The New York City Council launched this Friday the iniciativa ‘Pride at Work’ which will be a powerful lever for more people from the gay, lesbian and trans community (LGBTQIA+) to access quality union jobs.

This is the first association of this type that is financed with public funds in all the country.

Under the leadership of the Councilmember Crystal Hudson member of the LGBTQIA+ Caucus of the Municipal Chamber, it was agreed to include $501,000 in the City budget for fiscal year 2023 to lay the foundations for this project.

“This is a path to quality, well-paying jobs that strengthen communities and protect our collective from poor working conditions, especially for trans people and people of color. LGBTQIA+ workers have faced fierce discrimination in the workplace. And not to mention when they are looking for a job option, ”said Hudson.

In this sense, Pride at Work will provide funds to non-profit organizations and City agencies to recruit from this group and prepare them for union jobs, such as construction, services and educational certifications.

According to reports from the Center for American Progress, “for decades, compared to the general population, LGBTQI+ people have faced at higher risk of experiencing economic insecurities such as higher rates of poverty, unemployment, and use of public benefits.”

Even before the pandemic, various statistical evidence reveals that LGBTQ households made up of people of color were more likely than other families to experience food insecurity, job loss, significant financial challenges, and barriers to accessing health.

Strength and talent

The testimony of a young Dominican transgender woman who identified herself as Graciela Román, gives further indications of this reality.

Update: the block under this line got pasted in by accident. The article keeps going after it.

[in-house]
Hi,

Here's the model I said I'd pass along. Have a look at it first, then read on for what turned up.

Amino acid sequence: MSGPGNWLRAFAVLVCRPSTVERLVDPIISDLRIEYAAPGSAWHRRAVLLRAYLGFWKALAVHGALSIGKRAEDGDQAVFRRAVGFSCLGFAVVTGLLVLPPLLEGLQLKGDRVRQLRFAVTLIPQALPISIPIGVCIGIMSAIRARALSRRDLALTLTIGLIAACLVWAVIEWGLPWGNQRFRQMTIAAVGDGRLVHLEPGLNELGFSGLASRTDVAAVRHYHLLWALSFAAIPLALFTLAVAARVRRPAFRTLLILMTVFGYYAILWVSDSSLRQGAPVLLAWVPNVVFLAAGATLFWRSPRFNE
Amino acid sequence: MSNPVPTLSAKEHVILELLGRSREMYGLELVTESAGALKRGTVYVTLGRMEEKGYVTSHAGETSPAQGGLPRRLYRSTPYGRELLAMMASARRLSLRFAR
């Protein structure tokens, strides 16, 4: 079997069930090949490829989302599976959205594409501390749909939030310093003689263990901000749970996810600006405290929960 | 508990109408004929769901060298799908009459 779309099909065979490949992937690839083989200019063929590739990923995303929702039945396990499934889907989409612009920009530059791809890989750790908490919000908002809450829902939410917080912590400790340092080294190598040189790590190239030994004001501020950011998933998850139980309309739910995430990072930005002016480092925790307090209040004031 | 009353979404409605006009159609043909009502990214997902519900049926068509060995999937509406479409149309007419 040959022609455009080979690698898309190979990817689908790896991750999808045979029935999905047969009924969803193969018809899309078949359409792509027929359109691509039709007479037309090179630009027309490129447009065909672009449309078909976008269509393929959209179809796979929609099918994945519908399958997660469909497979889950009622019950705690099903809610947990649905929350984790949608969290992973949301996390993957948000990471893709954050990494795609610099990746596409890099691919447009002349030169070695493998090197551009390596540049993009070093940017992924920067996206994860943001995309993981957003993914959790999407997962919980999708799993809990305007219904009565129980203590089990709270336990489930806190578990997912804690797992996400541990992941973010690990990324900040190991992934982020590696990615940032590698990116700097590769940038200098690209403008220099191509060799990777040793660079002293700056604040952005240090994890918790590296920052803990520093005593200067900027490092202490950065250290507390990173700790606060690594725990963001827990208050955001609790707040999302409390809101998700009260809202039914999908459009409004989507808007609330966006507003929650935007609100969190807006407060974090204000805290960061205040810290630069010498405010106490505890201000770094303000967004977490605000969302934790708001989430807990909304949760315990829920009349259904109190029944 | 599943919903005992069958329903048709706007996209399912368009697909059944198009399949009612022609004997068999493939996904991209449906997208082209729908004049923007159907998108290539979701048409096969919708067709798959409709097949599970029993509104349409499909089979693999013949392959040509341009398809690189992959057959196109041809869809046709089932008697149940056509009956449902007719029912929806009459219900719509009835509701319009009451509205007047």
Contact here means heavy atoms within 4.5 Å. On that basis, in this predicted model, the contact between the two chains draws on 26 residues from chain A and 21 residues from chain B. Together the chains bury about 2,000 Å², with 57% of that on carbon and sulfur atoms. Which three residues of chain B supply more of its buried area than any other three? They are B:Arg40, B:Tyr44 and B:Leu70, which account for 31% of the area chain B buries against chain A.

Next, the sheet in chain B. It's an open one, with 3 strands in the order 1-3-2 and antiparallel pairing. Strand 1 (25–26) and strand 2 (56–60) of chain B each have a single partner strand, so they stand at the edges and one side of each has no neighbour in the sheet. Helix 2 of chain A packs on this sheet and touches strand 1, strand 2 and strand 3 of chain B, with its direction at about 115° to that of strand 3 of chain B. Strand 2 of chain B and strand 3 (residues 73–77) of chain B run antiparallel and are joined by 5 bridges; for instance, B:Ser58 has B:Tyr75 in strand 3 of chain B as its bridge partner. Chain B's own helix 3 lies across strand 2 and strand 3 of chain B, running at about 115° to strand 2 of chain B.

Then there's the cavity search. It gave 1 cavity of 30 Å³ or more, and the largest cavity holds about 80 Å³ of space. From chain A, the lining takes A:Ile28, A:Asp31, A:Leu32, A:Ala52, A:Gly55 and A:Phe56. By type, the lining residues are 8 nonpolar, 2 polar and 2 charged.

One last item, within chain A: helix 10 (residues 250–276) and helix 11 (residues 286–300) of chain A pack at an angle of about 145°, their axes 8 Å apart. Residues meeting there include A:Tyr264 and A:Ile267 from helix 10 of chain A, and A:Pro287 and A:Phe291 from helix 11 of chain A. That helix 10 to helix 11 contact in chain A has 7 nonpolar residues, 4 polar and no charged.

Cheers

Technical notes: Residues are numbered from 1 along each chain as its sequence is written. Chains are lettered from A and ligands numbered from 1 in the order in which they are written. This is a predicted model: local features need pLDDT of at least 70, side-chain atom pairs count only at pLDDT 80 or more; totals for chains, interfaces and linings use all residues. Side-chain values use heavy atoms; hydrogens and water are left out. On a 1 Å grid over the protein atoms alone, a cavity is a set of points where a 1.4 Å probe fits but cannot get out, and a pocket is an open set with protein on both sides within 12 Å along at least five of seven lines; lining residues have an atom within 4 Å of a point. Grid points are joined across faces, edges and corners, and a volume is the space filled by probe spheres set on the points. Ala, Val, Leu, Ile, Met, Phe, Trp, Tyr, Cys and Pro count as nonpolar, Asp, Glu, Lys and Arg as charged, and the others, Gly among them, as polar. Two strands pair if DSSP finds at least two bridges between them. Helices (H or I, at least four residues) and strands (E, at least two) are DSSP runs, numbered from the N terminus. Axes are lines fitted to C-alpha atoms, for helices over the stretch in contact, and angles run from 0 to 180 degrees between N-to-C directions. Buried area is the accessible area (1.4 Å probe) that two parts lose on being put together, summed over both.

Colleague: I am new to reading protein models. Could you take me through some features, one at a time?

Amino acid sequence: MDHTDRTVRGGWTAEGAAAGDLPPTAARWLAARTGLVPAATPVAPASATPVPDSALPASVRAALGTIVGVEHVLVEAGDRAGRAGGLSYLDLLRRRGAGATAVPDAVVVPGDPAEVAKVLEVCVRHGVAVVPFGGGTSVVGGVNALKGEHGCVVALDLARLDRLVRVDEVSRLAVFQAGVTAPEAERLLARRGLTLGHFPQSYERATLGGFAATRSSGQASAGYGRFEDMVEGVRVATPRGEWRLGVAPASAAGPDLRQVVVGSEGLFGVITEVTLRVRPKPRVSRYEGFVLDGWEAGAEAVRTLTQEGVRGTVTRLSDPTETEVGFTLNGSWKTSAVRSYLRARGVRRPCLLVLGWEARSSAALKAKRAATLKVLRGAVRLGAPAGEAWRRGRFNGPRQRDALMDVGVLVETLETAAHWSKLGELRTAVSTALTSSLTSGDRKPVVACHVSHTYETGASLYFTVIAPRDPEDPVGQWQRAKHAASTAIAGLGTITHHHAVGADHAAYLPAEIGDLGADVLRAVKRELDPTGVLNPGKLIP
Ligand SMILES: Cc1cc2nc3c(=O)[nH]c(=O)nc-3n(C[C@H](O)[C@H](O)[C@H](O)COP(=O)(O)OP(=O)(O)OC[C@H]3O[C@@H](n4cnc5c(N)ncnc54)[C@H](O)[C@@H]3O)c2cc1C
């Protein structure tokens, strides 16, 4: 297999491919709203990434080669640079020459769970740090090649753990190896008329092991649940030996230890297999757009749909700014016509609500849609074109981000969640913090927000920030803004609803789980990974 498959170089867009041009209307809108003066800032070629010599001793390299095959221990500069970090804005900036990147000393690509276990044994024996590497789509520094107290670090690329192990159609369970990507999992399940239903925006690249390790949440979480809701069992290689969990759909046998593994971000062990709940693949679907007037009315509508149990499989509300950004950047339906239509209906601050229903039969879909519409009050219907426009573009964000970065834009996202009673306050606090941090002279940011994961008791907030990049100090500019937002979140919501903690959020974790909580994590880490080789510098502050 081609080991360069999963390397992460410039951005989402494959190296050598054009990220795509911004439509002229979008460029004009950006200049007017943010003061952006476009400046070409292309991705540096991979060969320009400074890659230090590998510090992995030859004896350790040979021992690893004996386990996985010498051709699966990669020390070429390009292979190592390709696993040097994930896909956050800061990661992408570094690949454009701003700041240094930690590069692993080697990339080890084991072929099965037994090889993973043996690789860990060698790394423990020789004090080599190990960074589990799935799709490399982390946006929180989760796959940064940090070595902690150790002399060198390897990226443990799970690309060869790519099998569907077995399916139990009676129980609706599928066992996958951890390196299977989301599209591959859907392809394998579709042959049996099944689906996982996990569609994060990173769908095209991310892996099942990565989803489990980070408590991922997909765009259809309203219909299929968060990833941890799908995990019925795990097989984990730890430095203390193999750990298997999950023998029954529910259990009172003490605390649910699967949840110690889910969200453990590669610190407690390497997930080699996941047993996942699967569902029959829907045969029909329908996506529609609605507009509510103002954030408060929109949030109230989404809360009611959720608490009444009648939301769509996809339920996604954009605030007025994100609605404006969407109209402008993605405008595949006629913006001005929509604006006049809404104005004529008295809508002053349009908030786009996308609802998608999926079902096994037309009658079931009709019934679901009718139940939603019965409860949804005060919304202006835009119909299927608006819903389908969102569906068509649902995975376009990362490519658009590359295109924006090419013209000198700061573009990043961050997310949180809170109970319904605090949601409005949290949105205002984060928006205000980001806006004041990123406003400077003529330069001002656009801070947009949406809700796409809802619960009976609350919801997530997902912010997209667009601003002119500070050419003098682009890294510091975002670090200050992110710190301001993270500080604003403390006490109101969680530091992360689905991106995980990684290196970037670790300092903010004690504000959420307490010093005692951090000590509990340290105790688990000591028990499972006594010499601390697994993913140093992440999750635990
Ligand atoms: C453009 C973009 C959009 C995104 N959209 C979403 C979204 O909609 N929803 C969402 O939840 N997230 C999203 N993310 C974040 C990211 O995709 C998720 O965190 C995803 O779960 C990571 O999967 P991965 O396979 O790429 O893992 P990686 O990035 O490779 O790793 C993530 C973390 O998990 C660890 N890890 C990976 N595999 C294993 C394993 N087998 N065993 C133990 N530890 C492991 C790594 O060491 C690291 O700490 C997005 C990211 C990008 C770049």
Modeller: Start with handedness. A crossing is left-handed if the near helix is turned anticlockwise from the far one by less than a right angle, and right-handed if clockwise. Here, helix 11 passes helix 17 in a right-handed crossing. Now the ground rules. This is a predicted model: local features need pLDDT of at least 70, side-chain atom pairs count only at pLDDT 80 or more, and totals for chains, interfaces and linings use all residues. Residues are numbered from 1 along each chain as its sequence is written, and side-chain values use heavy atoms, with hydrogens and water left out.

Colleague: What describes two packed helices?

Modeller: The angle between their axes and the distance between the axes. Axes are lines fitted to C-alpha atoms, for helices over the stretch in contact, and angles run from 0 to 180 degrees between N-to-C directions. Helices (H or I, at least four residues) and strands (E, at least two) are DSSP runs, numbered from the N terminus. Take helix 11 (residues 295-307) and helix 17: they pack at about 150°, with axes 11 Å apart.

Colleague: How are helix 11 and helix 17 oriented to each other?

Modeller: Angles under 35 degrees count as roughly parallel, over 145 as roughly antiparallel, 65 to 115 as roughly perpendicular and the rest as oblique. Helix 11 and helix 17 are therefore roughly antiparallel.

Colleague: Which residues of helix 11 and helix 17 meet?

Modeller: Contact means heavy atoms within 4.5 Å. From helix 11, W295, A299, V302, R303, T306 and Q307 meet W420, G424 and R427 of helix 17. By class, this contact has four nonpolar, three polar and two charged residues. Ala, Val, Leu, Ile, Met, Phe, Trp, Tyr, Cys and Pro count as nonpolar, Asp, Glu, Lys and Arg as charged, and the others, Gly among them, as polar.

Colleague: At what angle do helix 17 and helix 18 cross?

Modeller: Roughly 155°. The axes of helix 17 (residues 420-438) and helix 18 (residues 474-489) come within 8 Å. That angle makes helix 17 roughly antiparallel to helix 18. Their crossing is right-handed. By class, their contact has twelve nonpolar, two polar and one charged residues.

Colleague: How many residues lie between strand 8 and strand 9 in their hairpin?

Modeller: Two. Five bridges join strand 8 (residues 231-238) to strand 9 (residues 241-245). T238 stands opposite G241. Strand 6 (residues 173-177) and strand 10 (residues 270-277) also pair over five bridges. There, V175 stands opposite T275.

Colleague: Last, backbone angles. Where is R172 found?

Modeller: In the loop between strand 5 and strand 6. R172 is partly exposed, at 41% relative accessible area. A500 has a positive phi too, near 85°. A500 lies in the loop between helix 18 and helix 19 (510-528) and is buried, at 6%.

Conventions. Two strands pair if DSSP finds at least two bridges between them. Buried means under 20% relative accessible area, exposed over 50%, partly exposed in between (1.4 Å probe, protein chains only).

“If you are Latin and also black (brown) like me. And to that you add that you identify and express yourself as a transgender woman, the chances of having a quality job are very low Anywhere in the world. It seems to me that New York is being an example to the world of justice and inclusion,” said the immigrant.

Graciela shares that “sadly” people with their gender identity and expression are “pigeonholed” in very specific jobs, when they have strength and talent to face any task.

“It is also more dramatic to think that most of us are condemned to work only in beauty salons, and in the worst case being forced into prostitution. It is very sad. It takes a long time for us to be respected. But this is a step, ”she finished.

Unemployment at a high rate

Indeed, based on new data from the National Household Pulse Survey (HPS)which examines the economic security and labor market experiences of LGBTQIA+ communities, transgender respondents experienced employment rates lower than other groups within that community, which describes an immense challenge for them to achieve apply and get quality work.

So far this year, the ‘trans’ community reports in some surveys having had to be forced to apply much more proportionally to unemployment insurancewhen compared to other groups.

This step of financing labor inclusion projects is an effort of the Municipal Council that was also supported by the AFL-CIO LGBTQ+ affinity group, the Iron Workers Union and the National Education Association. It is also endorsed by labor unions, the SEIU 1199 Employment and Training Fund, the New York City District Council of Carpenters, and the Legal Aid Lawyers Association.

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